Category Archives: Sports

Berroa and the Blue October

I’ve been a Royals fan for all 27 years of my life and until Friday sometimes it felt like all I had to show for it was this lousy t-shirt.

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OK, it’s actually a jersey. I have a few other Royals t-shirts, too, ones of Mark Teahen, David DeJesus and Jeremy Affeldt that I got for free back during the “T-Shirt Tuesday” giveaways of 2006 and 2007. This jersey, however, didn’t come for free. I received it as a birthday gift in 2003. My parents got it personalized on Eastbay for me so I could walk around displaying my love of the Royals through my favorite player at the time: (gulp) Angel Berroa. Continue reading

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Forward in Boston

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I went to Boston last weekend because I wanted to see the marathon the year after.

Marathons have environments that defy logic. I’ve seen them in St. Louis, Kansas City, Dallas and now Boston. To think: An event that considers its origin the death of a Greek messenger sharing the good news of a battle is equated with a party. But it’s true. Marathons have evolved from the necessity of Pheidippides, to the straight-business approach of most of the twentieth century, to block parties full of behavior that would be considered odd in about every other circumstance. Continue reading

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The last match of James Blake

Source: AOL

I bought so many headbands in the fall of 2005. Not the 90s fashionable kind for women, mind you, the athletic kind. I bought a black headband and a Carolina blue headband with the white Nike swoosh, a red headband with the black Jordan jump-man logo and, knowing my taste in tropical colors, probably something neon yellow.

I bought all of these headbands because of James Blake. He had become my favorite athlete. Continue reading

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So exactly which KU football game is Clark Kent watching in Man of Steel?

I saw “Man of Steel” last night. It was an OK movie by regular standards. By “holy shit they mention Kansas like 13 times” standards, it was spectacular. As many people have noted since Friday, Clark Kent watches a Kansas football game  on TV during the movie, and it no doubt has taken super powers beyond those endowed to regular mortals to watch KU football the last three years.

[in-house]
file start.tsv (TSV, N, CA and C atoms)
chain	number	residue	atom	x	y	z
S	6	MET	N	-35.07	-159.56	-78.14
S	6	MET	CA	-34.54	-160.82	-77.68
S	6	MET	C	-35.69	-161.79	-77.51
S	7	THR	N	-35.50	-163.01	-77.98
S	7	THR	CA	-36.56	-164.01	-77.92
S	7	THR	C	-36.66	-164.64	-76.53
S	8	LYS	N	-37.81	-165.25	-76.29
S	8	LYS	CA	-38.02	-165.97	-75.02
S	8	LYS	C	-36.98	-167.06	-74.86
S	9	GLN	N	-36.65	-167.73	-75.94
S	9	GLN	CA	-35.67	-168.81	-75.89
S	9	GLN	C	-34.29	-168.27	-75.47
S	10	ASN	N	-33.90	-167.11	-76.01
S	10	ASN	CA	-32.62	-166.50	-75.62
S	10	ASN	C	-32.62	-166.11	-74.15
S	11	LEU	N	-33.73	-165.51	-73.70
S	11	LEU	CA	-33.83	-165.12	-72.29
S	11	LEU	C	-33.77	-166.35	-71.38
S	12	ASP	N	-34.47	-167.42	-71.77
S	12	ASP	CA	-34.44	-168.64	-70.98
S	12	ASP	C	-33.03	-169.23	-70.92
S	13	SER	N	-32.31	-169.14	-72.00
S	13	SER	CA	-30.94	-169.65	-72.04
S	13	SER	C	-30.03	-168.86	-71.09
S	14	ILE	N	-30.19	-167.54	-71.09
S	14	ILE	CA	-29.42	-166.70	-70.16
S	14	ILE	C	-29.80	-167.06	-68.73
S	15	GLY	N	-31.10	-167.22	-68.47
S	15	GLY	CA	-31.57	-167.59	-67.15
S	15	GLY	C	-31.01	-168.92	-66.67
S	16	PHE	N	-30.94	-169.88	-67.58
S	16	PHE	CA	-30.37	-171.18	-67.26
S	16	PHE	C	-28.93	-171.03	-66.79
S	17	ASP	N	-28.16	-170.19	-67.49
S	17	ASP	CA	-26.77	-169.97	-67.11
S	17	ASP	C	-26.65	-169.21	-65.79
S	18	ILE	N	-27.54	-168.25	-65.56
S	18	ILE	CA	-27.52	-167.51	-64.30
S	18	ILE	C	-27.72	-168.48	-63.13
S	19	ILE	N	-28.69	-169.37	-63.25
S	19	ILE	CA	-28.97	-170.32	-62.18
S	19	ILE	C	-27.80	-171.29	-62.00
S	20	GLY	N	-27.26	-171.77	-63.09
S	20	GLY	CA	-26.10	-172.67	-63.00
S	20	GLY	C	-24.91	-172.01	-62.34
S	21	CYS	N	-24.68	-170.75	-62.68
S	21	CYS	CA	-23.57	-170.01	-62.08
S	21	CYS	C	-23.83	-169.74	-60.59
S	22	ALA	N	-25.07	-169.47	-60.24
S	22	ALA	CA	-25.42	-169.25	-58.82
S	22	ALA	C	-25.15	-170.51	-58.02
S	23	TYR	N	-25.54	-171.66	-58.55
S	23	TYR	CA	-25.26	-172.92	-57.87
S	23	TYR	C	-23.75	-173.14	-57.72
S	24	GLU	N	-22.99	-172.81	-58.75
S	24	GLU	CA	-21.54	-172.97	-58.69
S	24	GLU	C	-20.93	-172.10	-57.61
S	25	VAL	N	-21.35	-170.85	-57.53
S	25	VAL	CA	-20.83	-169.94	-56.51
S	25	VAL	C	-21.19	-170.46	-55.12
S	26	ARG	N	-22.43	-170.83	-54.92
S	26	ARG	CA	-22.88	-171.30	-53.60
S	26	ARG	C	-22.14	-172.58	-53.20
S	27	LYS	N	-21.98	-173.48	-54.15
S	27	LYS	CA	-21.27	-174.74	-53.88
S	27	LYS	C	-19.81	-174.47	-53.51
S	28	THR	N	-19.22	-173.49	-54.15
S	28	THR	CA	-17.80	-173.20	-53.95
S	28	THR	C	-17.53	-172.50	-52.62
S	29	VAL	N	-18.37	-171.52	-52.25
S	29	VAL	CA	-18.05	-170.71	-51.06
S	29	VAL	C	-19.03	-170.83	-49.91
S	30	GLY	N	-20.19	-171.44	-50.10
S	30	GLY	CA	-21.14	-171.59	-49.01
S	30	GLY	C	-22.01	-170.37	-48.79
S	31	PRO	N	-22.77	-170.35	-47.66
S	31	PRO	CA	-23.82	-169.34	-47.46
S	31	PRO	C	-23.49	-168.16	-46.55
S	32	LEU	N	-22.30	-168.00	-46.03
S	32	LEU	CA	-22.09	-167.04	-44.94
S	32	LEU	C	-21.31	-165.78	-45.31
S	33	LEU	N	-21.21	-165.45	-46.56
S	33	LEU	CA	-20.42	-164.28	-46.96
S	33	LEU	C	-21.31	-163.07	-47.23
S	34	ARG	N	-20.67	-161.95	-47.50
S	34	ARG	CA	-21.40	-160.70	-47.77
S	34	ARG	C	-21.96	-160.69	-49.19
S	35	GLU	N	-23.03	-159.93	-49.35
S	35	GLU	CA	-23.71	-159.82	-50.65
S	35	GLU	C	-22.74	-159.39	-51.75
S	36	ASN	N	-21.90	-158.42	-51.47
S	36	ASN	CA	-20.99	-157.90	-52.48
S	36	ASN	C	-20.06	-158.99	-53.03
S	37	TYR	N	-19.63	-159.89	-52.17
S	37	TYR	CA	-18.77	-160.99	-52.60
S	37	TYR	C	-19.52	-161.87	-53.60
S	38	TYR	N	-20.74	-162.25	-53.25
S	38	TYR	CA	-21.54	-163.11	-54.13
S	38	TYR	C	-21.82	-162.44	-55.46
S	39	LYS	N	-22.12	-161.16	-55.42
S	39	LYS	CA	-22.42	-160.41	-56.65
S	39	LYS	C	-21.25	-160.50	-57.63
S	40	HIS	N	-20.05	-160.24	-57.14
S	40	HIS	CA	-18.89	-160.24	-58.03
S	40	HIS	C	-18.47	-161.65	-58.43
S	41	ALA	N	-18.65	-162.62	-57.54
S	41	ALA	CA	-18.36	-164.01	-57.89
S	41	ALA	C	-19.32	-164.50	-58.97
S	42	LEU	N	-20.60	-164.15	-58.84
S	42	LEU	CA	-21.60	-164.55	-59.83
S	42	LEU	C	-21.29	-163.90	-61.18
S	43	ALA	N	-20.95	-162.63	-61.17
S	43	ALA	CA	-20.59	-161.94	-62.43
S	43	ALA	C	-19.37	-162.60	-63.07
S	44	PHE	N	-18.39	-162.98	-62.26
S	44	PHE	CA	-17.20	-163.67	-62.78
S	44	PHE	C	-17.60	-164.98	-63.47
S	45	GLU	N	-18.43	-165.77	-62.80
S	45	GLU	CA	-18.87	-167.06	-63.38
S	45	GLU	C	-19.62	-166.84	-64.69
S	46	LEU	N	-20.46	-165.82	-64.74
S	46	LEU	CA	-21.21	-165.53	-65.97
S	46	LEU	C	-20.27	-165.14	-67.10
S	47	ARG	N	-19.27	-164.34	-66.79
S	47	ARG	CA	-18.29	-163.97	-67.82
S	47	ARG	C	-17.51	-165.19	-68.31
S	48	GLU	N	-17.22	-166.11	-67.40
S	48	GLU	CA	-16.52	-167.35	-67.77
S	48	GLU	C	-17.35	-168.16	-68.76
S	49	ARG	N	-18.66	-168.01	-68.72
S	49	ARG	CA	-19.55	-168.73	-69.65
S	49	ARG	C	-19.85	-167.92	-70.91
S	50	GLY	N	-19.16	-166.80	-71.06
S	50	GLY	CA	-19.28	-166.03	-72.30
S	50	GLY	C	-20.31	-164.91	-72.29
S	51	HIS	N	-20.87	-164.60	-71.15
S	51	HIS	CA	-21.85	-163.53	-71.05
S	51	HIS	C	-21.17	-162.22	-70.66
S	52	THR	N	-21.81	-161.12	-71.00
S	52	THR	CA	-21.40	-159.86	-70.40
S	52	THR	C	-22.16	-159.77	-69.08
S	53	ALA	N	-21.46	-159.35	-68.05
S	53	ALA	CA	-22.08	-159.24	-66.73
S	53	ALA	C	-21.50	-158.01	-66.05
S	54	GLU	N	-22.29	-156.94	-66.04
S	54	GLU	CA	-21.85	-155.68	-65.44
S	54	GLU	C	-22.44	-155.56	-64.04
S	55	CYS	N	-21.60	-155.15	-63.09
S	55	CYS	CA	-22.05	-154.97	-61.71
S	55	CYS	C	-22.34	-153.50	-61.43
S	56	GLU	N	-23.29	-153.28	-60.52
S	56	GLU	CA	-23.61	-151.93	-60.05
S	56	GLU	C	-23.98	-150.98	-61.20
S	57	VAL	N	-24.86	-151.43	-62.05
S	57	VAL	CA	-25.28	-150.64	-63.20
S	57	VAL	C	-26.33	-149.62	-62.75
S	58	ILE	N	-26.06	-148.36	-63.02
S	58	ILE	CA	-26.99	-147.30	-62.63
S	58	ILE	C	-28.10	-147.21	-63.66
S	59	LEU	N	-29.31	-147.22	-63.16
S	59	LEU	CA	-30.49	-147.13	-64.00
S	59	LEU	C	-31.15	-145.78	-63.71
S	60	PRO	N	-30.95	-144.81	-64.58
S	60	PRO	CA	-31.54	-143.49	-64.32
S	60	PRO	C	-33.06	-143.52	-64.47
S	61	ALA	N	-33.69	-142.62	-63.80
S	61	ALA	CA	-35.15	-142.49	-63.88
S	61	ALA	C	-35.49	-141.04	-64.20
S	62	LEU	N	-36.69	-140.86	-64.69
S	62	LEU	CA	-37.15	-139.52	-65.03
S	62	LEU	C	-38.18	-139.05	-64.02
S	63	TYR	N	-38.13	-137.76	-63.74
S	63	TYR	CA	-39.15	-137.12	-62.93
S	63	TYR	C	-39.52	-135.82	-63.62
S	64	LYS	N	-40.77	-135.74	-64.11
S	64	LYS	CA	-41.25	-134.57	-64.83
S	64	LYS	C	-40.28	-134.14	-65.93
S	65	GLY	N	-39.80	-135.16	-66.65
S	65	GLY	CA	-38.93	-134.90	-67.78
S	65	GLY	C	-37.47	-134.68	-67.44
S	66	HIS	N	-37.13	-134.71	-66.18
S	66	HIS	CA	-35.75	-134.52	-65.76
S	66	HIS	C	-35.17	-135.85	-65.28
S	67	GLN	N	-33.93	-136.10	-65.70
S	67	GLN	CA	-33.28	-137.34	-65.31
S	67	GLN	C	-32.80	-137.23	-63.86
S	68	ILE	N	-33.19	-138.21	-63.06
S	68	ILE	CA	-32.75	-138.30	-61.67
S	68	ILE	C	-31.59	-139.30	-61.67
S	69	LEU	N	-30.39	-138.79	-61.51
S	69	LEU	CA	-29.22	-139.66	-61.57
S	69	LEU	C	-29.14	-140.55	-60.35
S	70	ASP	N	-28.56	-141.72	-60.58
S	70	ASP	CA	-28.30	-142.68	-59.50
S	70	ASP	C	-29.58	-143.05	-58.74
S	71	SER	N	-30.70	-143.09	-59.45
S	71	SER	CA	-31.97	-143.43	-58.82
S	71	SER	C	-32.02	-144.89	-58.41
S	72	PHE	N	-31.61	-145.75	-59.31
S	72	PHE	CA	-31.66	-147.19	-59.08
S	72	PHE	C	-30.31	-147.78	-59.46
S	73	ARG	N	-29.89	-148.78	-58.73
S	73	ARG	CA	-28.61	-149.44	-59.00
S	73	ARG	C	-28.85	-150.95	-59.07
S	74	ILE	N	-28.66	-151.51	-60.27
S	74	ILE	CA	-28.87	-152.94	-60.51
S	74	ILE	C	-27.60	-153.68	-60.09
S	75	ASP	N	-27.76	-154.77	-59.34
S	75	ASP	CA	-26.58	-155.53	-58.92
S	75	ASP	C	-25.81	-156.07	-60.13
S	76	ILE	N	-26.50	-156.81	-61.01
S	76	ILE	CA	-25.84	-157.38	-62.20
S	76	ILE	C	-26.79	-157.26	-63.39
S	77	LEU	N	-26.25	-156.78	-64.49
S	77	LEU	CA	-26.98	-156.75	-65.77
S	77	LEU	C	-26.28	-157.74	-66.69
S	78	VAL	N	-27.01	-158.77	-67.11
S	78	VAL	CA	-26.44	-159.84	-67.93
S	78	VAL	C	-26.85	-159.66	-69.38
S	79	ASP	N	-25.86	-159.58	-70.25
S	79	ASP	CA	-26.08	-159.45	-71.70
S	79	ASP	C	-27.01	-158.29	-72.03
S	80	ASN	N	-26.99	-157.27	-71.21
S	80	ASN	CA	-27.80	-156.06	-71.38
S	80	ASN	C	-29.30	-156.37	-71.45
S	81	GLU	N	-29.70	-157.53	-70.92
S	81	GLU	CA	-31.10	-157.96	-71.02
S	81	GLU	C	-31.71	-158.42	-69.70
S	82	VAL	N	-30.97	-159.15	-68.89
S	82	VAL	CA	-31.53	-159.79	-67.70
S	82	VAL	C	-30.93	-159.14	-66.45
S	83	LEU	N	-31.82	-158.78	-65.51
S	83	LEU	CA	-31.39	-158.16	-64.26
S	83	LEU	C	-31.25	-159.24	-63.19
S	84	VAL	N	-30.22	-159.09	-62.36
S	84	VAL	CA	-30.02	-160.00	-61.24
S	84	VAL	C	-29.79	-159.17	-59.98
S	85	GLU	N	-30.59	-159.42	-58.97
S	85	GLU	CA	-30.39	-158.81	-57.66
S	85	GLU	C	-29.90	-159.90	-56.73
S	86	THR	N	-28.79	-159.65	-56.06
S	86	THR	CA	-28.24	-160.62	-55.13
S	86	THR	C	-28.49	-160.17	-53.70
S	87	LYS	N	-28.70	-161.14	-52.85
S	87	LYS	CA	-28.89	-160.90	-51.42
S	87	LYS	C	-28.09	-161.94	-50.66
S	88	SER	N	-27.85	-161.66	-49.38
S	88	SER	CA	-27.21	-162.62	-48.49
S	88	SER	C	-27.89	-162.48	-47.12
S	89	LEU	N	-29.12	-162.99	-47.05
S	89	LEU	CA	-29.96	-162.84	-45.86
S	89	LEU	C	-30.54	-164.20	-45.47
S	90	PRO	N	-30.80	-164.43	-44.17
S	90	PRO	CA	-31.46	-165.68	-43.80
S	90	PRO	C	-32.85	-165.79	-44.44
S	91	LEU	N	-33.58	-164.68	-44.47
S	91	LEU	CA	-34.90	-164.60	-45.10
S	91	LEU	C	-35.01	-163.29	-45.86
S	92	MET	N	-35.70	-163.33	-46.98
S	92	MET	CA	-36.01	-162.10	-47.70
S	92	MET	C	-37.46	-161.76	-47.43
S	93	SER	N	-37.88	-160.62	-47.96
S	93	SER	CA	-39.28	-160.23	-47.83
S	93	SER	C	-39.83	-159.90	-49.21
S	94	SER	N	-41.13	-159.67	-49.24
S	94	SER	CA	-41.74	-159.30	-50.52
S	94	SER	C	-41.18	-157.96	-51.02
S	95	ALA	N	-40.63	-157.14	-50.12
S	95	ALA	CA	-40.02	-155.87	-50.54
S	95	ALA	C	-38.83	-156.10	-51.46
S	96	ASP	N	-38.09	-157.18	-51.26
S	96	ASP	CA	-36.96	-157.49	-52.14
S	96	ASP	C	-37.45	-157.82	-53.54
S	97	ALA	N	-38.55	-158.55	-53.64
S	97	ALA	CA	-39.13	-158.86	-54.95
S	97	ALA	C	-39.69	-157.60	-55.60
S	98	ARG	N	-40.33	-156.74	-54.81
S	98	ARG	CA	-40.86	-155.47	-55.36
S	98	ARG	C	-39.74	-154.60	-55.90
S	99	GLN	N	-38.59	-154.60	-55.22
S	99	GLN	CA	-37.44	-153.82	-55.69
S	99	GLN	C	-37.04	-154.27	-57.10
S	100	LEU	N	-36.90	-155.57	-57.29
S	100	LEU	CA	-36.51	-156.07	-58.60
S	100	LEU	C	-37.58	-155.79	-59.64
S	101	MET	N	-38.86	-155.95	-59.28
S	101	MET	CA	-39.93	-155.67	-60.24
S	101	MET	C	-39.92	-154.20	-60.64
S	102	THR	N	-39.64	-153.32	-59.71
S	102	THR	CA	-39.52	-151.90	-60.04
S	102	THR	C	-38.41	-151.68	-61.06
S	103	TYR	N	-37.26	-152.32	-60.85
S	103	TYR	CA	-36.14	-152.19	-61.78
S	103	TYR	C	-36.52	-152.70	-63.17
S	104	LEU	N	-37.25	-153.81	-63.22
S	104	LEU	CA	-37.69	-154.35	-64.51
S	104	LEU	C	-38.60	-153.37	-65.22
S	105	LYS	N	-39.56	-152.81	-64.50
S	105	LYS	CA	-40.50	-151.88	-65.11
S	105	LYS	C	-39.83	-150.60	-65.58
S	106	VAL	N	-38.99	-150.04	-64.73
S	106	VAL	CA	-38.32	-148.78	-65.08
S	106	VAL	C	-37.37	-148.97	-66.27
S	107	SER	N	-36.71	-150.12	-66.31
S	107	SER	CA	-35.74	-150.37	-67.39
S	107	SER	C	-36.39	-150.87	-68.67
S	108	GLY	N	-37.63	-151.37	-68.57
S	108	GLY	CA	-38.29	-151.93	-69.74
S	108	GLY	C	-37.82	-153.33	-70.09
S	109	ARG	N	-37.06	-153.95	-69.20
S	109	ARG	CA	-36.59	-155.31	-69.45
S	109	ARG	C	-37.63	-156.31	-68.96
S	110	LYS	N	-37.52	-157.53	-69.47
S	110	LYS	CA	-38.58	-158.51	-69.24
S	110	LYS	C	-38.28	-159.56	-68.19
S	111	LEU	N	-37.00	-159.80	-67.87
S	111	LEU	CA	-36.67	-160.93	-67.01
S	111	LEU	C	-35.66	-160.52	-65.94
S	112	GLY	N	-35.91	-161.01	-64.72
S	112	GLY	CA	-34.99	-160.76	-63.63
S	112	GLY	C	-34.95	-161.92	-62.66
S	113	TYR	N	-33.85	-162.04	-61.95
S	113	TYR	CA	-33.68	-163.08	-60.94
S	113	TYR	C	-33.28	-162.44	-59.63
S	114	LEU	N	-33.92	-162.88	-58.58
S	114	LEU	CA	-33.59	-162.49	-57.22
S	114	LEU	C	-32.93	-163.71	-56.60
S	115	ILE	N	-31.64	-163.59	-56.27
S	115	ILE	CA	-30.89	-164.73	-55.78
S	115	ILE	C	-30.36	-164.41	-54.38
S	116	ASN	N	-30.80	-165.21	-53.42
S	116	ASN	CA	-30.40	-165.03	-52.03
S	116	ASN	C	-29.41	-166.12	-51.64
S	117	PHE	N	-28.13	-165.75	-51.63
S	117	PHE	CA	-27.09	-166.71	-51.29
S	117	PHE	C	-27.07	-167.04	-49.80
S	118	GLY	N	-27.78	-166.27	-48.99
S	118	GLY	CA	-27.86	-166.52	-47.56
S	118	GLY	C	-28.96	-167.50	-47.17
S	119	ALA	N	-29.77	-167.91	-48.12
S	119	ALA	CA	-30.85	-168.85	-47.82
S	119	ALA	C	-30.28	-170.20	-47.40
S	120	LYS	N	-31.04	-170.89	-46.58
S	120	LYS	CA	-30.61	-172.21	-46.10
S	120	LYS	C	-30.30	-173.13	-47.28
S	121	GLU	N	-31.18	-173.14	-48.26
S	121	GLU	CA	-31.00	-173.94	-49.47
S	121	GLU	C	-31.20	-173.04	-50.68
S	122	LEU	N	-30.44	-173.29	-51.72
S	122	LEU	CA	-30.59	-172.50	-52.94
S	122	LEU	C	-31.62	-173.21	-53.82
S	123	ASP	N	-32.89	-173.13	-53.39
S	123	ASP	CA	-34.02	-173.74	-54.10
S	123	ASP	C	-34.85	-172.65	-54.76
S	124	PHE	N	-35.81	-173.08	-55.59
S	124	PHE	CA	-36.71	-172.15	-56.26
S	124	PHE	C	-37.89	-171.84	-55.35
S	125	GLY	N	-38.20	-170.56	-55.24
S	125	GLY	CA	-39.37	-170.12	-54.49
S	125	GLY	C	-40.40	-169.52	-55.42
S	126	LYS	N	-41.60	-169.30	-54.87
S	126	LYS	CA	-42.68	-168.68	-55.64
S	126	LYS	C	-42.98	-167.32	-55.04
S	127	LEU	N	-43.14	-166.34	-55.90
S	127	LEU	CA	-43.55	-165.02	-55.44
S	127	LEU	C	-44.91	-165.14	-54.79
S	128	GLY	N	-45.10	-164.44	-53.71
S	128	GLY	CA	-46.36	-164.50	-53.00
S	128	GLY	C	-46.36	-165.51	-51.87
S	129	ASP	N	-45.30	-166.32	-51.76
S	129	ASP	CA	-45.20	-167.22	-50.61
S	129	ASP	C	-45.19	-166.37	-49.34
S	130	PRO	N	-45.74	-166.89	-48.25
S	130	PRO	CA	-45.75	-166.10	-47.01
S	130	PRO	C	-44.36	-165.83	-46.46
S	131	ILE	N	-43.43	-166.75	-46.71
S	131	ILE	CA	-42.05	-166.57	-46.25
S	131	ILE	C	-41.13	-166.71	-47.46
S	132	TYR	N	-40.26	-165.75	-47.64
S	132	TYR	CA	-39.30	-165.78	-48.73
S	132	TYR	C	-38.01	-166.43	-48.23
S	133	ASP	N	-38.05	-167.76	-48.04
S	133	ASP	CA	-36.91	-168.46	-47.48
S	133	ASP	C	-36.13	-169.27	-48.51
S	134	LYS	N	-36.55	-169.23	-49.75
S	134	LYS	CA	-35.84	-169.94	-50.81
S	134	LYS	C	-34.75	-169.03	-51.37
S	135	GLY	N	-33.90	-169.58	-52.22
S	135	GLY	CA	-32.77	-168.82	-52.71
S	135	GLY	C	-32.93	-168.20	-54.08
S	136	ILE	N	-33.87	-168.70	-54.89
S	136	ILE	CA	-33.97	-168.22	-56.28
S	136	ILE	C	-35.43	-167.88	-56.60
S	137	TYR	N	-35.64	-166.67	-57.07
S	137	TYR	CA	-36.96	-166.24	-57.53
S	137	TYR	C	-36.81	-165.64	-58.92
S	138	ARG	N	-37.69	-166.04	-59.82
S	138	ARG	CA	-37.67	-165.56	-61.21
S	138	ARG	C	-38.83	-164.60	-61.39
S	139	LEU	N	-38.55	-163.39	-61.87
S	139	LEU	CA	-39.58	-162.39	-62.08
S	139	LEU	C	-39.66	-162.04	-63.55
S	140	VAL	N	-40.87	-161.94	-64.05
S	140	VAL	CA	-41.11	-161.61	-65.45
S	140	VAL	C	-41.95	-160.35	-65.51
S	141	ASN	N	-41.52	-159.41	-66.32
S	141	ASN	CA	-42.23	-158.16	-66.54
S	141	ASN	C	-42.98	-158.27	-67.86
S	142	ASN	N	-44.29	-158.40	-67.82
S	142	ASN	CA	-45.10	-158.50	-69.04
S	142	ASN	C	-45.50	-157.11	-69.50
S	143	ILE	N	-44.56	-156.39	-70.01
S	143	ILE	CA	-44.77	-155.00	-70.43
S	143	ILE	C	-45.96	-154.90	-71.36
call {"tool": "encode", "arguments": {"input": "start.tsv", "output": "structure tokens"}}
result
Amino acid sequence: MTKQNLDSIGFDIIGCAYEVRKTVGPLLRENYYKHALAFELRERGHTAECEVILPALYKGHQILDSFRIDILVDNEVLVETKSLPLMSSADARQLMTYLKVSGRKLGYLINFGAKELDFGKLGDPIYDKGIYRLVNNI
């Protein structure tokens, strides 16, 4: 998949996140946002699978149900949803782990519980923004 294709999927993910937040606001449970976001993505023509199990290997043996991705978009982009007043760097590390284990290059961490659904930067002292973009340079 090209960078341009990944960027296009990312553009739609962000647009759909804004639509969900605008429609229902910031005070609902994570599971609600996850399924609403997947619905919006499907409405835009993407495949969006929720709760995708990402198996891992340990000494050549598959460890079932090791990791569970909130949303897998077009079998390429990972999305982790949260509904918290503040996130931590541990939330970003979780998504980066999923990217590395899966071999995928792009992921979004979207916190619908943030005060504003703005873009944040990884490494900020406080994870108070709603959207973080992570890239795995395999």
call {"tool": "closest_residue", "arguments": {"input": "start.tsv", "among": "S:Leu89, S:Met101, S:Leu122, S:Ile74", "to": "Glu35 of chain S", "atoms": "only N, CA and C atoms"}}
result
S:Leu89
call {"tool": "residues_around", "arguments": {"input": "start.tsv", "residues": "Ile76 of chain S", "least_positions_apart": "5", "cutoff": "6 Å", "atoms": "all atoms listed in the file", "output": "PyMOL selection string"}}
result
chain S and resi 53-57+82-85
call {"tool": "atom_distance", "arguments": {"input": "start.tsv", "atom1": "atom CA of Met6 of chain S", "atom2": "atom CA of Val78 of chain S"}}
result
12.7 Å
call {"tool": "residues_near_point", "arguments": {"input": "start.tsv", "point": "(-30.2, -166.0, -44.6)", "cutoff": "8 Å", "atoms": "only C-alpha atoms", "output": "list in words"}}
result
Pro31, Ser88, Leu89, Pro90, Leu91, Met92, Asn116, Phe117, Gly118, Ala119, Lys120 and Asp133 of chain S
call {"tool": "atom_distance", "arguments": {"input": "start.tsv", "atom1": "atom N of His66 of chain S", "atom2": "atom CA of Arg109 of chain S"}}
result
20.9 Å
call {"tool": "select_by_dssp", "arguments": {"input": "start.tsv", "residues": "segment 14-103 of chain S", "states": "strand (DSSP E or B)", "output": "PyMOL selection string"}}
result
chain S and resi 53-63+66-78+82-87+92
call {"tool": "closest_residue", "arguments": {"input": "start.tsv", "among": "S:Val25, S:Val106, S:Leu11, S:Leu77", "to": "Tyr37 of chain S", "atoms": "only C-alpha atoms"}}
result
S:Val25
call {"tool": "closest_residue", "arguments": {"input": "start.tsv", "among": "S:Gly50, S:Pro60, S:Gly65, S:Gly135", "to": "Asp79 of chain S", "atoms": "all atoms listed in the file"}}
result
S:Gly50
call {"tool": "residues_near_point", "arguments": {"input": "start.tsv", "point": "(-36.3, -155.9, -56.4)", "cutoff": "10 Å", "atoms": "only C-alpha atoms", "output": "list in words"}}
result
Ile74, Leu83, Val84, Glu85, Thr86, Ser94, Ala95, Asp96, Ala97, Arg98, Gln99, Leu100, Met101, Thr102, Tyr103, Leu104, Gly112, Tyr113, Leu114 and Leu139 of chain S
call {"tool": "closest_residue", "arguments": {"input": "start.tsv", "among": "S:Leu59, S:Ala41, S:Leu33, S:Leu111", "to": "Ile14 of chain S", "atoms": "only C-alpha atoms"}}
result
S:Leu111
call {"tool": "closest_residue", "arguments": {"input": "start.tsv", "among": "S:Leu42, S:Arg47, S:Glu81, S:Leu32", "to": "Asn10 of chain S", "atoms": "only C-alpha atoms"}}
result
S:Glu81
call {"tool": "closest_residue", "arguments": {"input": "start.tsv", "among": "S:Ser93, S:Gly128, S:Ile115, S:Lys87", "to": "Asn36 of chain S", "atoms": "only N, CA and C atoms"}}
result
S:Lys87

But what game was Clark actually watching? Continue reading

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DeShawn Stevenson was (sort of) KU’s first Andrew Wiggins

I wonder if Andrew Wiggins will be as good for KU as I hoped DeShawn Stevenson would be. That sentence should not make any sense to sane individuals, even sane individuals who followed Kansas basketball with ritualistic intensity in the late 90s,  which, I guess, might actually make them insane, thus placing me squarely into that camp. Oh well.

But back in the late 90s, DeShawn Stevenson was the shit, which also makes little sense. Stevenson these days conjures up two distinct, incredibly awesome images.

 1. His tattoo of Abraham Lincoln

Continue reading

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You Mad at the World, Bro?

World Basketball Project

Defeating the world is not as hard as it sounds, particularly in March. In this awesome month of green beer, spring break and college basketball, the world becomes an opponent of many coaches and athletes, with nearly everyone involved in college basketball regularly declaring that “it’s us against the world.”

Yes, somebody has already said  and will continue to say those exact insufferable words during March Madness, or they’ll say something similar, perhaps explaining that nobody, and they mean nobody, believed in them. Or, if the timing is just right, they’ll say both.

“It was us against the world,” Louisville’s Peyton Siva said to USA Today upon making the Final Four last year. “Nobody believed in us.” Continue reading

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The library, Euro 2012 and how soccer explains my world

When I was in the second grade, maybe 8 years old, that beautiful age when you finally start to formulate your own thoughts, my grade-school class would spend two days a week at a period entitled, simply, “Library.”